Idioms are figures of speech that become fixed in a language. Usually, an idiom is figurative in modern contexts but once had a literal meaning. These literal meanings, or idiom origins, can help a learner of English to understand where a phrase originated.
1. Straight from the horse’s mouth
Meaning: getting information directly from the most reliable source
Origin: This one is said to come from the 1900s, when buyers could determine a horse’s age by examining its teeth. It’s also why you shouldn’t “look a gift horse in the mouth,” as inspecting a gift is considered bad etiquette.
2. Let the cat out of the bag
Meaning: To reveal a secret, unwittingly or otherwise
Origin: First seen in several London publications in the 1700s, its origin dates well before that and refers to a then-common street fraud. Market scamsters apparently attempted to replace pigs (valuable) with cats (not so much); if the cat was let out of the bag, the gig was up. That's related to why you don't want to buy "a pig in a poke" (i.e., a small bag): You might not be getting the real item.
3. Butter someone up
4. Pulling someone’s leg
Definition: Joking or fooling with someone.
Origin: To pull someone’s leg had much more sinister overtones when it first came in use. It was originally a method used by thieves to entrap their pedestrians and subsequently rob them. One thief would be assigned ‘tripper up’ duty, and would use different instruments to knock the person to the ground. Luckily, these days the saying is much more friendlier, though being on the end of a joke might not always be fun.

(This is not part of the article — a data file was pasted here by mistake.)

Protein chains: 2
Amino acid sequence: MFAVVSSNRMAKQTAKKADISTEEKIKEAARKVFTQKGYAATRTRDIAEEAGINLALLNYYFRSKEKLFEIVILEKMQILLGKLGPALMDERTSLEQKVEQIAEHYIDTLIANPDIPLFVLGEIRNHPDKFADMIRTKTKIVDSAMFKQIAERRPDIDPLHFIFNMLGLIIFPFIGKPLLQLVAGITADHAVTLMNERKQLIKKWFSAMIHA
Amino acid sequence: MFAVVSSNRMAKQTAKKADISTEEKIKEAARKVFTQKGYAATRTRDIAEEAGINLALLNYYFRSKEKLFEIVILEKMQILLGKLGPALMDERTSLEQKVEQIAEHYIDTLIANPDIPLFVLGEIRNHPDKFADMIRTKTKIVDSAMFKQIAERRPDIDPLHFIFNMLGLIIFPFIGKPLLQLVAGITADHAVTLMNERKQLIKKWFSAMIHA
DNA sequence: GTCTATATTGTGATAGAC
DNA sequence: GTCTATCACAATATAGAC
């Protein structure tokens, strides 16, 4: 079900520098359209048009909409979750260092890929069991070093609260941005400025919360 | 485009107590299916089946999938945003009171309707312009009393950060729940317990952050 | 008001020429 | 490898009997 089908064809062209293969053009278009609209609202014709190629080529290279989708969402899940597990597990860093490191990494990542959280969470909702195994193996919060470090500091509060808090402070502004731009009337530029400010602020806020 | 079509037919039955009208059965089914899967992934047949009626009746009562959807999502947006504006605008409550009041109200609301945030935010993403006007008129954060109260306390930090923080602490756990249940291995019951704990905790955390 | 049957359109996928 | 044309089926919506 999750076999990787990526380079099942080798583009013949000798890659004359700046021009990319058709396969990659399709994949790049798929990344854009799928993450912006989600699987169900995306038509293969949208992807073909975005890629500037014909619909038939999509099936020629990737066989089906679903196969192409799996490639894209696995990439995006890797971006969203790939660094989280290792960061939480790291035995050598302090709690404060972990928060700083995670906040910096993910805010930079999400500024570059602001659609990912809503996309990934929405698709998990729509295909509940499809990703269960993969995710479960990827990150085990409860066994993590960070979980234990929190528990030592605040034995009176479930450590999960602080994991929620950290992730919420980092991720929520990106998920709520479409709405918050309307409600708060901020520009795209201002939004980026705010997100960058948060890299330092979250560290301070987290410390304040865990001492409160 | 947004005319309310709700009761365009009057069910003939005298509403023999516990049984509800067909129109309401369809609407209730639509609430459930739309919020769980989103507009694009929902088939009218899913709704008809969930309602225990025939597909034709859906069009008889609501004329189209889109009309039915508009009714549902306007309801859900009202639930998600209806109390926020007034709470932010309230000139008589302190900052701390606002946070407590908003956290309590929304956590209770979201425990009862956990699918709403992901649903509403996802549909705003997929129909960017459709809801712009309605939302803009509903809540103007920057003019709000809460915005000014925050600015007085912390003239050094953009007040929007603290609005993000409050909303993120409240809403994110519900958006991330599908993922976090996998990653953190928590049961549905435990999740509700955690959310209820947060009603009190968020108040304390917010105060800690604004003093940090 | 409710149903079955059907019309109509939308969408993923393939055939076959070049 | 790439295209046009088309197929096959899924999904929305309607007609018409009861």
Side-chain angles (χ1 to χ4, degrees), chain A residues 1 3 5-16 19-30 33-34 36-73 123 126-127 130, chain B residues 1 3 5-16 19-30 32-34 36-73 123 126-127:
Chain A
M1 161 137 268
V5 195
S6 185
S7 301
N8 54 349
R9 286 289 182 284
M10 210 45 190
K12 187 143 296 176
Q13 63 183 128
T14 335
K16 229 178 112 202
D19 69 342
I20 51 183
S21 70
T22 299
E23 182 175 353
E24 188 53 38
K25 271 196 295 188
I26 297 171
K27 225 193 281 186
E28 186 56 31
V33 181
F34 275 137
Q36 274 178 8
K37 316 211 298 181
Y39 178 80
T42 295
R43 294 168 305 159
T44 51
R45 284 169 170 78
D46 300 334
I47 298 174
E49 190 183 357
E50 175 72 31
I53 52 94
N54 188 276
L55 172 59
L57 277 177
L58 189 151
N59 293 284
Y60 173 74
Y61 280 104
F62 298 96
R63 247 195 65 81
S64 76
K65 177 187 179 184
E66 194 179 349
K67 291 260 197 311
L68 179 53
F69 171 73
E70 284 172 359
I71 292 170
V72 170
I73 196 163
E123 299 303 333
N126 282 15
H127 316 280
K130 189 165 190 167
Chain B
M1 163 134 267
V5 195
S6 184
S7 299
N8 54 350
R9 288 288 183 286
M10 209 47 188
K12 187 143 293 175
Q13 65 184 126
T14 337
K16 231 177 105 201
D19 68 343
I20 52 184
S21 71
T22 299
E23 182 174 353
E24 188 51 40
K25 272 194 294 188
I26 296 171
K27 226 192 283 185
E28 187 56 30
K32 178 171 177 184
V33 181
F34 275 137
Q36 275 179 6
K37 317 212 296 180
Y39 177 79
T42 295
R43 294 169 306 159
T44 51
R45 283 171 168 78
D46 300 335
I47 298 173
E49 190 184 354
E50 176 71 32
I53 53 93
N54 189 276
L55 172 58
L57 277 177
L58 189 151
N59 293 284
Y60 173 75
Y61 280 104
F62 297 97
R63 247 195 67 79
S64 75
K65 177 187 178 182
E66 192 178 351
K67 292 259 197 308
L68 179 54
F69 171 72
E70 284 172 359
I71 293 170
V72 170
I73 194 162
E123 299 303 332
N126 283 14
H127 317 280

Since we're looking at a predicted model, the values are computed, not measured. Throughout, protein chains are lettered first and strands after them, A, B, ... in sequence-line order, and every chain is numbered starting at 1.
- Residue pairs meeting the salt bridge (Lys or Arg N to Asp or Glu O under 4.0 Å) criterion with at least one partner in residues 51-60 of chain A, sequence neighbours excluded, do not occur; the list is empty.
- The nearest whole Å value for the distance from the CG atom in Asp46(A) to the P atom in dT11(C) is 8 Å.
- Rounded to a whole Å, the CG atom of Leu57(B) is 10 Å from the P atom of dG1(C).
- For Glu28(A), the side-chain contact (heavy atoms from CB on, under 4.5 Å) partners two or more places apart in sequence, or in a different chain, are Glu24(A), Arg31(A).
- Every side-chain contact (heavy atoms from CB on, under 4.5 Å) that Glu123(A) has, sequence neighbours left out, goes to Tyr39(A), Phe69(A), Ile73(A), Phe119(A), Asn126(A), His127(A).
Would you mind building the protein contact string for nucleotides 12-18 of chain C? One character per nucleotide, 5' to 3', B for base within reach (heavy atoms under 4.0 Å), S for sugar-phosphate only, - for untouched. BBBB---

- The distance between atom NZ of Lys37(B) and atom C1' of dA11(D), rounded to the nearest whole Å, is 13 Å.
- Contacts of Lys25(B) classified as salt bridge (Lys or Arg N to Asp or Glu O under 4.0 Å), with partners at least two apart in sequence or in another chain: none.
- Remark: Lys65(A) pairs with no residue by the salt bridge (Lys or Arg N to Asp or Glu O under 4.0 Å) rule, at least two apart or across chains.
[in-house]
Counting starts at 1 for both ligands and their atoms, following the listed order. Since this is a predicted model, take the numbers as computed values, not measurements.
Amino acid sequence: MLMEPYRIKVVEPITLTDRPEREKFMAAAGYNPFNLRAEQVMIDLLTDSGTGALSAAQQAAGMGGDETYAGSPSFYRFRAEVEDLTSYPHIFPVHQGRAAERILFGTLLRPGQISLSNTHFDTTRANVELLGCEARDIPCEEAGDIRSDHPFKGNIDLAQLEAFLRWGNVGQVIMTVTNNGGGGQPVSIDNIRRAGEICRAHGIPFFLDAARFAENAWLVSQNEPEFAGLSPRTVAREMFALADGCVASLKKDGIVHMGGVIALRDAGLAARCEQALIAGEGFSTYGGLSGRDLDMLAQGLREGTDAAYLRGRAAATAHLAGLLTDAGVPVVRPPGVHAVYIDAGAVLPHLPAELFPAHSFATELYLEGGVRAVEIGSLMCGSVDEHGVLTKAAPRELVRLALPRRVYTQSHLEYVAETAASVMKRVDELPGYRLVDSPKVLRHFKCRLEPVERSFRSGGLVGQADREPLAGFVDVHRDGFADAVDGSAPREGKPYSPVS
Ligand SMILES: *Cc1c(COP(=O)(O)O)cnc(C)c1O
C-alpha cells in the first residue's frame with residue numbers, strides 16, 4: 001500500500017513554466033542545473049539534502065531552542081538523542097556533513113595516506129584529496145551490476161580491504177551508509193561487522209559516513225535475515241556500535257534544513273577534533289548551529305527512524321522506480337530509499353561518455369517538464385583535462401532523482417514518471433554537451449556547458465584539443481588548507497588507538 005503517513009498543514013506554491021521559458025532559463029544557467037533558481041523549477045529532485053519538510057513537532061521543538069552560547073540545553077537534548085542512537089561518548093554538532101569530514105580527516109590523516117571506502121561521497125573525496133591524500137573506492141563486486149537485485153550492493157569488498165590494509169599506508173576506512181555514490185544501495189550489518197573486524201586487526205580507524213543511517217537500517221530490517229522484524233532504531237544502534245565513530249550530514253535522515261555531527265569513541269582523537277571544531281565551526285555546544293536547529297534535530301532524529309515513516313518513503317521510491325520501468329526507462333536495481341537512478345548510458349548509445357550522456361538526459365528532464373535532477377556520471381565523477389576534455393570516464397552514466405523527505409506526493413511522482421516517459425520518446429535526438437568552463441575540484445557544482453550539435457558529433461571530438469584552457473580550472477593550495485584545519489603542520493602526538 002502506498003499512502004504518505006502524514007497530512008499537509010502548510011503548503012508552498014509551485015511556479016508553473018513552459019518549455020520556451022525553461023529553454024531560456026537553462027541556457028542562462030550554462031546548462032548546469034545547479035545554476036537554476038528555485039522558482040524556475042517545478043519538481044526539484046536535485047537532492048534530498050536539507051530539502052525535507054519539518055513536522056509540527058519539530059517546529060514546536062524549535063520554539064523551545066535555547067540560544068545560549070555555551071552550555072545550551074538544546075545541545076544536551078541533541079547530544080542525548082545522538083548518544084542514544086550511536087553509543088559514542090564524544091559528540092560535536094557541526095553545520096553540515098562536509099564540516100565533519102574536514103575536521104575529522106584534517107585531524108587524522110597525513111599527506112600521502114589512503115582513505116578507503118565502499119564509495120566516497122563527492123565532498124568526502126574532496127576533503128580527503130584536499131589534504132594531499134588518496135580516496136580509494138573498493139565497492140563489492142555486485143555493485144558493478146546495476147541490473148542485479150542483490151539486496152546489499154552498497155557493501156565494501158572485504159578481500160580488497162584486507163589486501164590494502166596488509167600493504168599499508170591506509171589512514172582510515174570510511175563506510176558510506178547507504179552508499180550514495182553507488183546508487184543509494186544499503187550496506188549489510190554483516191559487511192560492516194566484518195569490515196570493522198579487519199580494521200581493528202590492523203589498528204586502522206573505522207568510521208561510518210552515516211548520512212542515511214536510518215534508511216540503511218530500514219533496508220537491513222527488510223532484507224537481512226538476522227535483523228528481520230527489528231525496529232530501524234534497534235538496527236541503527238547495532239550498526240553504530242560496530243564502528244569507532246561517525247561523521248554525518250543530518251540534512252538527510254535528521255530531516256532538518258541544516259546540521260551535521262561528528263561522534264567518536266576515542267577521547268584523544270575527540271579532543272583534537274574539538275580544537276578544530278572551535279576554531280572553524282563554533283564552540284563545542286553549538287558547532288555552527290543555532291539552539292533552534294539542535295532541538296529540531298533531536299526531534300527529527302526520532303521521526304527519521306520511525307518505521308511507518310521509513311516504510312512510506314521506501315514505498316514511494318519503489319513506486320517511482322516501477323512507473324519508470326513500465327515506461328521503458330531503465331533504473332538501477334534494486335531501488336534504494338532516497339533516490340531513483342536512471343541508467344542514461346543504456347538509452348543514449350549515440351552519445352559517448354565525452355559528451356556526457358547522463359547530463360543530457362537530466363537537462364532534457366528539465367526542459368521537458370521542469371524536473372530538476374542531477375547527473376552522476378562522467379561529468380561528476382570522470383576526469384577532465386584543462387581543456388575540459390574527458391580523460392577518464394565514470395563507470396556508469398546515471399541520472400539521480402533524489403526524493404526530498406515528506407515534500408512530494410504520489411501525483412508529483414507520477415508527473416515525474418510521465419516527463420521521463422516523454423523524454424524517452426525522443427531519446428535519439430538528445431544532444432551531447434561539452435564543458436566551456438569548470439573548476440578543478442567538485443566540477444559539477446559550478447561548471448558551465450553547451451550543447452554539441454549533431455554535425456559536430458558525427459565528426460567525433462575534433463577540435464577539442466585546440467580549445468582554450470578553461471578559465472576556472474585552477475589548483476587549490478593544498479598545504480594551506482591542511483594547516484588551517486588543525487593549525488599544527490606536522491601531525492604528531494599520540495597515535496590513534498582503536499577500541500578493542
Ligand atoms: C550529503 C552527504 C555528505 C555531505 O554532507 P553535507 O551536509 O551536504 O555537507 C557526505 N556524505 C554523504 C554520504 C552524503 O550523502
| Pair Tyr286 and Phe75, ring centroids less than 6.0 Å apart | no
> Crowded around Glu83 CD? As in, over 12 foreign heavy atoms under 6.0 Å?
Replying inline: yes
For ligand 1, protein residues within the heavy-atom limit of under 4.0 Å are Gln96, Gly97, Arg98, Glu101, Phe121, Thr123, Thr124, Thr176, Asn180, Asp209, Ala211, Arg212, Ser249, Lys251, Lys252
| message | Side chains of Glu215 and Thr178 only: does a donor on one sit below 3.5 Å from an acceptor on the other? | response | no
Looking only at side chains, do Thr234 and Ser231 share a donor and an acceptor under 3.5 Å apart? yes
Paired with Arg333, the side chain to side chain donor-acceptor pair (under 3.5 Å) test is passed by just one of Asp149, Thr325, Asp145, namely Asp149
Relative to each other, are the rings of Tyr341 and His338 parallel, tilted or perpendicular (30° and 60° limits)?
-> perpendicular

5. Wolf in sheep’s clothing
Meaning: someone who is pretending to be something they are not, usually to the detriment of others
Origin: This one’s attributed to the Bible (Matthew 7:15). The Bible also gave us “rise and shine” (Isaiah 60:1), “seeing eye to eye” (Isaiah 62:8), and a “broken heart” (Psalm 69:20).
6. Hands down
Meaning: without a lot of effort
Origin: Winning “hands down” once referred to 19th-century horseracing, when a jockey could remove his hands from the reins and still win the race because he was so far ahead.
7. Riding shotgun
Meaning: riding in the front seat of a vehicle next to the driver
8. Barking up the wrong tree
Origin: Likely referring to hunting, this saying explains when a dog would literally bark at the bottom of the wrong tree after the
prey in question moved to the next branch.
9. Flying off the handle
Origin: This one is said to come from poorly made axes of the 1800s that would literally detach from the handle. Yikes!
10. Cost an arm and a leg
Meaning: extremely expensive
Origin: The story goes that this phrase originated from 18th-century paintings, as famous people like George Washington would have their portraits done without certain limbs showing. Having limbs showing is said to have cost more.